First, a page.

It’s true that arbitrary government thuggery isn’t desirable, and I did admit as much. However in a disaster situation social cohesion trumps a lot of other things, at least on a temporary basis. They have discretion, and are free to use it to the extent they can get away with; just as retailers are free to hike prices if they’re prepared to bear the risks which come along with doing so.


  3. If it’s the case that the level of price rises that would threaten all the shared experience stuff is above the level of price rise at which the retailer would get serious adverse reputation effects with regular customers, then governments clamping down on gouging does too much to prevent price increases though, right?

    You’d heard the story of the folks who figured they could make money bringing generators down to New Orleans when Katrina hit? They were arrested for profiteering. That kinda crap means no generators get to places that need ’em.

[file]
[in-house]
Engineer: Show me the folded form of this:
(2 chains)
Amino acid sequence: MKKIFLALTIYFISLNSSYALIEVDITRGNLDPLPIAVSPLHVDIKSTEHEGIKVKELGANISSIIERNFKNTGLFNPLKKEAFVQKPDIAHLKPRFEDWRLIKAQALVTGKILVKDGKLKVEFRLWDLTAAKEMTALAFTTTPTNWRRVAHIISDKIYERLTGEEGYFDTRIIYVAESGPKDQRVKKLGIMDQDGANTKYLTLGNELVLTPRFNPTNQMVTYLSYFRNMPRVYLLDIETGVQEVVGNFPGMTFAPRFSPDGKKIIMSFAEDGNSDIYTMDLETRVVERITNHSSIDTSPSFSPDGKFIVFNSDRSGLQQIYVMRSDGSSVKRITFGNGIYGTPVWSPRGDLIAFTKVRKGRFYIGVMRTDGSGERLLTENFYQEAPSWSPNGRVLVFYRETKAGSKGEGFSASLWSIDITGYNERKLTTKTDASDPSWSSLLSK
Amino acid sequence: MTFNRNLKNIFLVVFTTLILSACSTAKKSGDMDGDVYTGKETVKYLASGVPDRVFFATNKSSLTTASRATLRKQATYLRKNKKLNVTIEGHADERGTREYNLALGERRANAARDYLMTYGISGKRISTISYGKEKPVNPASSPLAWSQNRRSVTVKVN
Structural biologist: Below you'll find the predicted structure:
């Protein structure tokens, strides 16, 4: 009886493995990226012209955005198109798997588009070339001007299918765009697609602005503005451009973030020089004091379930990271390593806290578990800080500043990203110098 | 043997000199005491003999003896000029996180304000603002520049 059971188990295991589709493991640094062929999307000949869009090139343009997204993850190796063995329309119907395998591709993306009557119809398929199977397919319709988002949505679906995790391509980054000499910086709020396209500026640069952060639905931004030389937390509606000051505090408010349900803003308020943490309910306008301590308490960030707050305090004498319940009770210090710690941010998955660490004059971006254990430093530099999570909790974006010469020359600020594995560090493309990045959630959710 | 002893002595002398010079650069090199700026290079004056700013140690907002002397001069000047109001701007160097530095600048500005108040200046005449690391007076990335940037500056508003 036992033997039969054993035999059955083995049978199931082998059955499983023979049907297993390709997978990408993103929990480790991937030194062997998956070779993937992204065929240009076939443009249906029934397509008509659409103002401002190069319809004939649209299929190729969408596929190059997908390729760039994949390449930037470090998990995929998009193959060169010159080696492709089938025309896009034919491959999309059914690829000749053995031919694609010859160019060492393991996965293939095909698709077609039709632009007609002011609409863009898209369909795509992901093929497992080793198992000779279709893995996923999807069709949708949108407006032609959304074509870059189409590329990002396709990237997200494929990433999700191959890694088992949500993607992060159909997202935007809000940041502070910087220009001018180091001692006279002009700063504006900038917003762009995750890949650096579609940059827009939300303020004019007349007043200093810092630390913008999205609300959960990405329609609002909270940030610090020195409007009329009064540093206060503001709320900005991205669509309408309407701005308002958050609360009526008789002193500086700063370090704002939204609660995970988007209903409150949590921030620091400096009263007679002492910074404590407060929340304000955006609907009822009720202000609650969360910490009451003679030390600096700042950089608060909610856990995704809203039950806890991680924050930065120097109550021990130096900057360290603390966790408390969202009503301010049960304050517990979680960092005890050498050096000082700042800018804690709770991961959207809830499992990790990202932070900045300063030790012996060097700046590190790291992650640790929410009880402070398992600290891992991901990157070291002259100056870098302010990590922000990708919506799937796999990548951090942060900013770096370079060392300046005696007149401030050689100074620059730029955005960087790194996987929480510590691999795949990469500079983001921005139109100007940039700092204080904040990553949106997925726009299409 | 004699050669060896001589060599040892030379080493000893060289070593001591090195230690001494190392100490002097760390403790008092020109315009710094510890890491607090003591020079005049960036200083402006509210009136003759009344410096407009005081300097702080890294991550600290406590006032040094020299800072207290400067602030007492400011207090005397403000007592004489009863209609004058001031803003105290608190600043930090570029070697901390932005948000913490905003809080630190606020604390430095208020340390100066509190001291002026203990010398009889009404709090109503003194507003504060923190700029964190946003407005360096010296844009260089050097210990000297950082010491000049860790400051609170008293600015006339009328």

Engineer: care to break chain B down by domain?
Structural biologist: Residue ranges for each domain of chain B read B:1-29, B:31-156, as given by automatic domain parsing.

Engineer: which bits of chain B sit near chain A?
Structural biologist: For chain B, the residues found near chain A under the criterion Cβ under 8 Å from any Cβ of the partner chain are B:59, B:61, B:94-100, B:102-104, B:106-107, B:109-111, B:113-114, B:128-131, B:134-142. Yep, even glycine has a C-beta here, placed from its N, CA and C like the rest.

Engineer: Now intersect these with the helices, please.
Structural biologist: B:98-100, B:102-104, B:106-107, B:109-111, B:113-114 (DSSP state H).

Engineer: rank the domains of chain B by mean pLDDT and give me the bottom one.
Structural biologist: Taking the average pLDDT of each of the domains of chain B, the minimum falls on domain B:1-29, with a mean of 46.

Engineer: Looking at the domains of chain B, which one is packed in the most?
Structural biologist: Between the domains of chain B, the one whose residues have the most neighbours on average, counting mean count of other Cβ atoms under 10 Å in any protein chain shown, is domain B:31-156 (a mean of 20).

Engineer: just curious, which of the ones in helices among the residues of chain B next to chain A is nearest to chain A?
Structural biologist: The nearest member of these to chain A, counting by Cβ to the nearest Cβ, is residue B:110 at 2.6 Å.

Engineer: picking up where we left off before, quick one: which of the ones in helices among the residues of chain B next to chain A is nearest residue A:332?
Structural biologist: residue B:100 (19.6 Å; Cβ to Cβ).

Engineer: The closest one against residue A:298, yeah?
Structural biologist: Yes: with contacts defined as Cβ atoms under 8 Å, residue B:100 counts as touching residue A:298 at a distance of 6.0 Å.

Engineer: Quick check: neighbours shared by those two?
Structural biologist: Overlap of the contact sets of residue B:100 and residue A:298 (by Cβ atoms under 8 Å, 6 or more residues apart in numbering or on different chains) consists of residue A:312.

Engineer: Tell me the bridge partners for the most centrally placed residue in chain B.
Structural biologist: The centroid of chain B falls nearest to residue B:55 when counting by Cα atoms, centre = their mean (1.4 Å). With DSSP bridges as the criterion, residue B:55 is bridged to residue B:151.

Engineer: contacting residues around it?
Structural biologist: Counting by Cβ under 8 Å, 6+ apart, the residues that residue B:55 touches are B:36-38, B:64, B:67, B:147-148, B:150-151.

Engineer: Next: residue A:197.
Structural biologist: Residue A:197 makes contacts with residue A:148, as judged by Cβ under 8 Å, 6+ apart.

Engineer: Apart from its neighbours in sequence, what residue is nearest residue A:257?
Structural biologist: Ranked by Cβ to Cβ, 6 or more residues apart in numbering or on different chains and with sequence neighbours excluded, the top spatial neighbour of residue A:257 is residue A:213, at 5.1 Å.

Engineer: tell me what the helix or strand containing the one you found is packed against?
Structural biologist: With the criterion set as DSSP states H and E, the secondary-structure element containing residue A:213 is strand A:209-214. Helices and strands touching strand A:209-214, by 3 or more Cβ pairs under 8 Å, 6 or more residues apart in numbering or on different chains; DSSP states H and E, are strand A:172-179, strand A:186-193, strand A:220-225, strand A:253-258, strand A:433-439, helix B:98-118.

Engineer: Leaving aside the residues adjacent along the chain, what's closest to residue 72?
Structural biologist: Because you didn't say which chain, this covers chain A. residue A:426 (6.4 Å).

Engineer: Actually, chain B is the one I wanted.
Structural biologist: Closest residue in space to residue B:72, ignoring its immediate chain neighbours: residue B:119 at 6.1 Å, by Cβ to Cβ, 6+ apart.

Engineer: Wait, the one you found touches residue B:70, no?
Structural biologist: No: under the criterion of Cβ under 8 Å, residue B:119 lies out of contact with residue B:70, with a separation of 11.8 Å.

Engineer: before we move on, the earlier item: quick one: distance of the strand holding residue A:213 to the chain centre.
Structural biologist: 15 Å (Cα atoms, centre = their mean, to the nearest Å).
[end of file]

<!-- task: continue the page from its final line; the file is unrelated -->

On EFTPOS/Credit: I’d expect that stores would take IOUs from their regular customers in that kind of case.

  4. I’m reminded of John Rawls on politeness – the gist being that (whatever arbitrary form it takes) it there to reinforce the basic social assumption – I will deal fairly with you, and you will deal fairly with me – without which any transaction would be prohibitively cautious.

    To analogise that here, I’m inclined to the idea – whatever one might think oneself – you need to respect people’s perceptions about fairness, otherwise they will stop feeling bound by it.

    Of course, if narrow individualism is your thing, then a disaster is as good a time as any to try it out.

    That said, I obviously don’t think politeness should be enforced by the state.

  5. The key sentence in Eric Crampton’s post is the third one.

    “…Because most customers aren’t economists…”

    And after reading his post, one can only say, “Hallejulah to that!”

  6. @Lyndon, Sanctuary: Private incentives to avoid raising prices are already very strong. Nobody much raised prices after #EQNZ despite no law against it and despite that it would have resulted in a more efficient distribution of scarce resources. Given very strong private incentives not to raise prices (for fear of losing long term customers who hold long grudges), we’ll only get emergency price increases when they’re really really needed. Which is exactly when we oughtn’t be banning them!